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Posts Tagged ‘expecting miracles’

A change in perspective is worth 80 IQ points.  (Alan Kay)

I awaken from a short evening nap on the couch at my brother-in-law’s house. I can’t breathe. One inhalation of albuterol, two. Desperate, wheezy attempts to get air out of my lungs.

“Should I take you to the ER?” my husband asks.

We are six hours from home. The ER could be one mile away or as far away as Mercury. I don’t know. Finally, a pause between coughs. Water. More water.

I decide I will make it through the night. My brother-in-law escorts me to the most efficient air-conditioned room. My sister-in-law sleeps on the floor. I remain in a recliner I can’t adjust with a fractured right hand in a brace. My sister-in-law maneuvers the chair up and down as I need it, even for my nighttime bathroom trips. She needs to leave for work at eight in the morning, yet is willing to help me.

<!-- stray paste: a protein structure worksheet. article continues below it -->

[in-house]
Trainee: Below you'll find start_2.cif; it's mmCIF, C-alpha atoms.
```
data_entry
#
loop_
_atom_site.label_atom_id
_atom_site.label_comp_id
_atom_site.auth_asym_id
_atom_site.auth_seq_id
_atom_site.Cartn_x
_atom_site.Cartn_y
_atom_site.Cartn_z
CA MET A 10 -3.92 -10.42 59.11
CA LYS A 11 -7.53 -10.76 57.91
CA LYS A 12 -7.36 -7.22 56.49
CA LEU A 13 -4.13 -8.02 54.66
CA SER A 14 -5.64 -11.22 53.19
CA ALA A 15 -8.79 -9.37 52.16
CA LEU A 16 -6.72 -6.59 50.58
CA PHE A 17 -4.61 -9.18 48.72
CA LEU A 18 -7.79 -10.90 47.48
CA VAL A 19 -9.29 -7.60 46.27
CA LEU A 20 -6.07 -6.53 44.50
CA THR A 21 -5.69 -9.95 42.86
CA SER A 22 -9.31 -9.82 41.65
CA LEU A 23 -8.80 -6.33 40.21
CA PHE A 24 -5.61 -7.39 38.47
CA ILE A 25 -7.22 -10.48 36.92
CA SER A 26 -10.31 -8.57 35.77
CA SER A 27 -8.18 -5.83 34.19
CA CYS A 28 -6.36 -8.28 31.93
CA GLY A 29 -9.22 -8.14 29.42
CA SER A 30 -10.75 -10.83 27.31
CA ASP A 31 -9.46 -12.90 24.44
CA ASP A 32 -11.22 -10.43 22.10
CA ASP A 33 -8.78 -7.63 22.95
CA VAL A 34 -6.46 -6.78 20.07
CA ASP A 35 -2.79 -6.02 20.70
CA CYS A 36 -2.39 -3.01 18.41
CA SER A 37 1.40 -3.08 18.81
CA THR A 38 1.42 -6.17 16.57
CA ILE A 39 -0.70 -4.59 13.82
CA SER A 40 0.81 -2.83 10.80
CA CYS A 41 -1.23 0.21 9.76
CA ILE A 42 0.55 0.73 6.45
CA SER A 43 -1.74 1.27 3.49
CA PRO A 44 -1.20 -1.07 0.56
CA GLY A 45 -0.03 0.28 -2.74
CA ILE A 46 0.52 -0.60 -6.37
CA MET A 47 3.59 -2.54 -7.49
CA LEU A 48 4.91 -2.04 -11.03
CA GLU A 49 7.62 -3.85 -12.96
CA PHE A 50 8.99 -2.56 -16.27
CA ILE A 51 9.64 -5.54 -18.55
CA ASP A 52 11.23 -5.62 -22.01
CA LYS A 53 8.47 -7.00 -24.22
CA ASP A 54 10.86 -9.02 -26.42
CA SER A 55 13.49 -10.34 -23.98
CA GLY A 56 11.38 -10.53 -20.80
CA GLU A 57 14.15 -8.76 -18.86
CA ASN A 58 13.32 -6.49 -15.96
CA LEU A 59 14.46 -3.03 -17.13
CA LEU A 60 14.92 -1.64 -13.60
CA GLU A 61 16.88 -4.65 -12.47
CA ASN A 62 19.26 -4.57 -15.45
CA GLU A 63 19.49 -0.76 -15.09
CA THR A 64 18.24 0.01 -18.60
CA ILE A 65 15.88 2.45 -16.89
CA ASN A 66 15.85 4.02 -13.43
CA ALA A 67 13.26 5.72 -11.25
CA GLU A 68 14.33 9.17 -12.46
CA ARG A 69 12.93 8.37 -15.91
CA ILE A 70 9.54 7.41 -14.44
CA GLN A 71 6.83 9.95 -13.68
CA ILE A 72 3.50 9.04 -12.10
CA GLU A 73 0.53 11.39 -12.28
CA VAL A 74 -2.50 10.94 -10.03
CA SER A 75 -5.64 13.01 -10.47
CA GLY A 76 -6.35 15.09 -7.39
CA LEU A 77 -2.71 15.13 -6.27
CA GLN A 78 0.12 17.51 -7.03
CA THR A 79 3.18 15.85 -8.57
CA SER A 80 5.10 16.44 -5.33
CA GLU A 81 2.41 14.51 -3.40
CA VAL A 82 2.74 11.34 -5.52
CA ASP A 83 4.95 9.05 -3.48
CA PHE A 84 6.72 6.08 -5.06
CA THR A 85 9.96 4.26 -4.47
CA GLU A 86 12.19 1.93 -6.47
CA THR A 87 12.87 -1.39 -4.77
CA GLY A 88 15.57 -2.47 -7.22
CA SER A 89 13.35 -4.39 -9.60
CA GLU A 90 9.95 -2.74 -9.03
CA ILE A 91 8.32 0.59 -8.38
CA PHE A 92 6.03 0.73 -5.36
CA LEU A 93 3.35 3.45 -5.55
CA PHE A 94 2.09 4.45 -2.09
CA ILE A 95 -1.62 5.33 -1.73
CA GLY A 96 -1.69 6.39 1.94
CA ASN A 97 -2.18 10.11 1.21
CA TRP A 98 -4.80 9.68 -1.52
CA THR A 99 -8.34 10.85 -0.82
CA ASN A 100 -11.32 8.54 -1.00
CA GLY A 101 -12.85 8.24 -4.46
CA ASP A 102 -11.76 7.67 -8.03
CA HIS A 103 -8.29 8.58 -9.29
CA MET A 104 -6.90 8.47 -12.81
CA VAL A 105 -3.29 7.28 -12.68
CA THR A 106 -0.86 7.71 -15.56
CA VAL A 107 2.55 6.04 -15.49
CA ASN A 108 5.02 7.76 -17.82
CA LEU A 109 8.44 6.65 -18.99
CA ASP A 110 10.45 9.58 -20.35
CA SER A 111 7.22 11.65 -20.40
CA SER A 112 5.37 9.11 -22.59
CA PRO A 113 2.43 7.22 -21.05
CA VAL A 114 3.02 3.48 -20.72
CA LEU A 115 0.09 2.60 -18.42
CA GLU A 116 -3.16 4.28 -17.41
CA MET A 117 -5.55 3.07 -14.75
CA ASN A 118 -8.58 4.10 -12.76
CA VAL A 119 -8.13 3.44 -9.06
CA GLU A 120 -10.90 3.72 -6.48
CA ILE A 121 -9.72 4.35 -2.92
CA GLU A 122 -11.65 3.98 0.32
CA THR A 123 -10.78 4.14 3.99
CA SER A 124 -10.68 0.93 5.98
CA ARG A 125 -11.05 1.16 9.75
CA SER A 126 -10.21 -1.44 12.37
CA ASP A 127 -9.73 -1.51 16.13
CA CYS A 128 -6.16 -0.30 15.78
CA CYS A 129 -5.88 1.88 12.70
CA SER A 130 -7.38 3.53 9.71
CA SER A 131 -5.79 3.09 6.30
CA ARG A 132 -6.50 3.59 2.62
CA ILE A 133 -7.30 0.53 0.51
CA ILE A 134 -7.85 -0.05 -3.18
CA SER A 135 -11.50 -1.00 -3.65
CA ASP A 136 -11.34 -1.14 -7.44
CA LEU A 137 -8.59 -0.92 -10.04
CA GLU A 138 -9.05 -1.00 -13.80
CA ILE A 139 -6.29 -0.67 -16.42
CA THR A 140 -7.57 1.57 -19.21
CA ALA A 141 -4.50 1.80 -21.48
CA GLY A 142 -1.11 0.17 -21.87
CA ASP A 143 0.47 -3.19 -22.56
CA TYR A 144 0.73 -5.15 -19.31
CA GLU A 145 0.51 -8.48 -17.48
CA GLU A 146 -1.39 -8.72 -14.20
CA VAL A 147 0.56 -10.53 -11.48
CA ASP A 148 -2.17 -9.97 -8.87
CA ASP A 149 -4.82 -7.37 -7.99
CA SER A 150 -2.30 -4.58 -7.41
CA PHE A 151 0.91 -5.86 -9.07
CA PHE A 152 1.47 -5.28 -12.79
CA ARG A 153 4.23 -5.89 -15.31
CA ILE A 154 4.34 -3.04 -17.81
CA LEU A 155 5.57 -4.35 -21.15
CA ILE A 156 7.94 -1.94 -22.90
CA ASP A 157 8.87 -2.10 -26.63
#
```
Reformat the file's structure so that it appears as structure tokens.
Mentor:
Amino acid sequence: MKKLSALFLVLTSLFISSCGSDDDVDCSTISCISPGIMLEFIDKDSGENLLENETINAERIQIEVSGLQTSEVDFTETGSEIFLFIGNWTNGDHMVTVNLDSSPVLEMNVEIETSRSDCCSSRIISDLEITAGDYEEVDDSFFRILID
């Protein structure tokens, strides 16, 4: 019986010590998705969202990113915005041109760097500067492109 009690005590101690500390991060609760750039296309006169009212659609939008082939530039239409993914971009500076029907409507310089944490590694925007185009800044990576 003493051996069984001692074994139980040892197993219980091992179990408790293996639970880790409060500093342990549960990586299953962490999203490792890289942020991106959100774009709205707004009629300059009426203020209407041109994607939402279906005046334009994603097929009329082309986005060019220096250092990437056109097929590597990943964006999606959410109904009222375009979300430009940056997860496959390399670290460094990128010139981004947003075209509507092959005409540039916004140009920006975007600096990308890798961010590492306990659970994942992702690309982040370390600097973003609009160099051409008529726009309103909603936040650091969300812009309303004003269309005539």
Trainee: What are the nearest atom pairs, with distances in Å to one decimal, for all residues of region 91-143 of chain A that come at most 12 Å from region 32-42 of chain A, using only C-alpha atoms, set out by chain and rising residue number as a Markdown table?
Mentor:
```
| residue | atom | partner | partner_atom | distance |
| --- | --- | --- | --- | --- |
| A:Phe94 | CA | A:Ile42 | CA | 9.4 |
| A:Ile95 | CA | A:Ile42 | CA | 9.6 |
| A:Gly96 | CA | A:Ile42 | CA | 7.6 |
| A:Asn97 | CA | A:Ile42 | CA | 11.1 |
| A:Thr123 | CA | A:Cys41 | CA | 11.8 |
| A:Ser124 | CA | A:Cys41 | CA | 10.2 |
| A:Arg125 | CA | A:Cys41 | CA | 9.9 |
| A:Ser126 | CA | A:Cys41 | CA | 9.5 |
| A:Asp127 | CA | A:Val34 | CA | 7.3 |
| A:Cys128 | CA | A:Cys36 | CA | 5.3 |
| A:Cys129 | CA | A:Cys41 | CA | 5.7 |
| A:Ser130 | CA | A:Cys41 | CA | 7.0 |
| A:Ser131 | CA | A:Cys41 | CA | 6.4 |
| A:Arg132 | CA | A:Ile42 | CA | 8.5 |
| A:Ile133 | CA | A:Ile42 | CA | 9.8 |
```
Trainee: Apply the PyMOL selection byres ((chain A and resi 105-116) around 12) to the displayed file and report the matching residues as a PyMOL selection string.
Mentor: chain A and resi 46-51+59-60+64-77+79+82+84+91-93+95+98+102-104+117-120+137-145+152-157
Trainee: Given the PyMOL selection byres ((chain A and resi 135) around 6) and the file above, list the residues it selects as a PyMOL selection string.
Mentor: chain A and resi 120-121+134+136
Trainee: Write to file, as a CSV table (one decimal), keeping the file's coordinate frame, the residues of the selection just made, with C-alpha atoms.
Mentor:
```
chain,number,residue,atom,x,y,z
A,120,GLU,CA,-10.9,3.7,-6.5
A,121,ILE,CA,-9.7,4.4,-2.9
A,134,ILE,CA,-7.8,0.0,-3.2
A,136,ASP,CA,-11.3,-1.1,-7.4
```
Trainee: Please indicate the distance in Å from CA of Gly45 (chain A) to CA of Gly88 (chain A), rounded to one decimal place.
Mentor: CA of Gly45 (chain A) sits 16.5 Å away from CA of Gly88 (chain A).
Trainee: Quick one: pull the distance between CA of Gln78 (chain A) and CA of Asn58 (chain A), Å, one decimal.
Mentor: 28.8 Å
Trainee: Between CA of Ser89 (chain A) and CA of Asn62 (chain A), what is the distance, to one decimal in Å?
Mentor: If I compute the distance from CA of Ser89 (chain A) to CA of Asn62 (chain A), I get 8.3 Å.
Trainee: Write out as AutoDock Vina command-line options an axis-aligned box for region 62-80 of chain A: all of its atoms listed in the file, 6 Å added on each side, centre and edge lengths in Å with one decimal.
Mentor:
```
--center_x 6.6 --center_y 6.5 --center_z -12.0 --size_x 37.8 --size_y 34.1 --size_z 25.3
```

My wheezing doesn’t stop, but it doesn’t reach a critical level. I have no idea how much time lapses between albuterol rescue inhalations.

A frightening scene? Maybe. However, my in-laws are close-by. Jay is in a room next door. Love lives here. It fills me. Night will not give up a single hour of darkness. Yet, light survives. In hearts and minds.

A trip to Urgent Care. Antibiotics. Prednisone. More waiting to be the full me I recognize.

To breathe freely.

To turn the key in my car’s ignition with my right hand.

To sign Stinky, Rotten Threats, Book Two in the Star League Chronicles, now available, with a signature that doesn’t look as if I were pretending to wield an electric saw struck by lightning.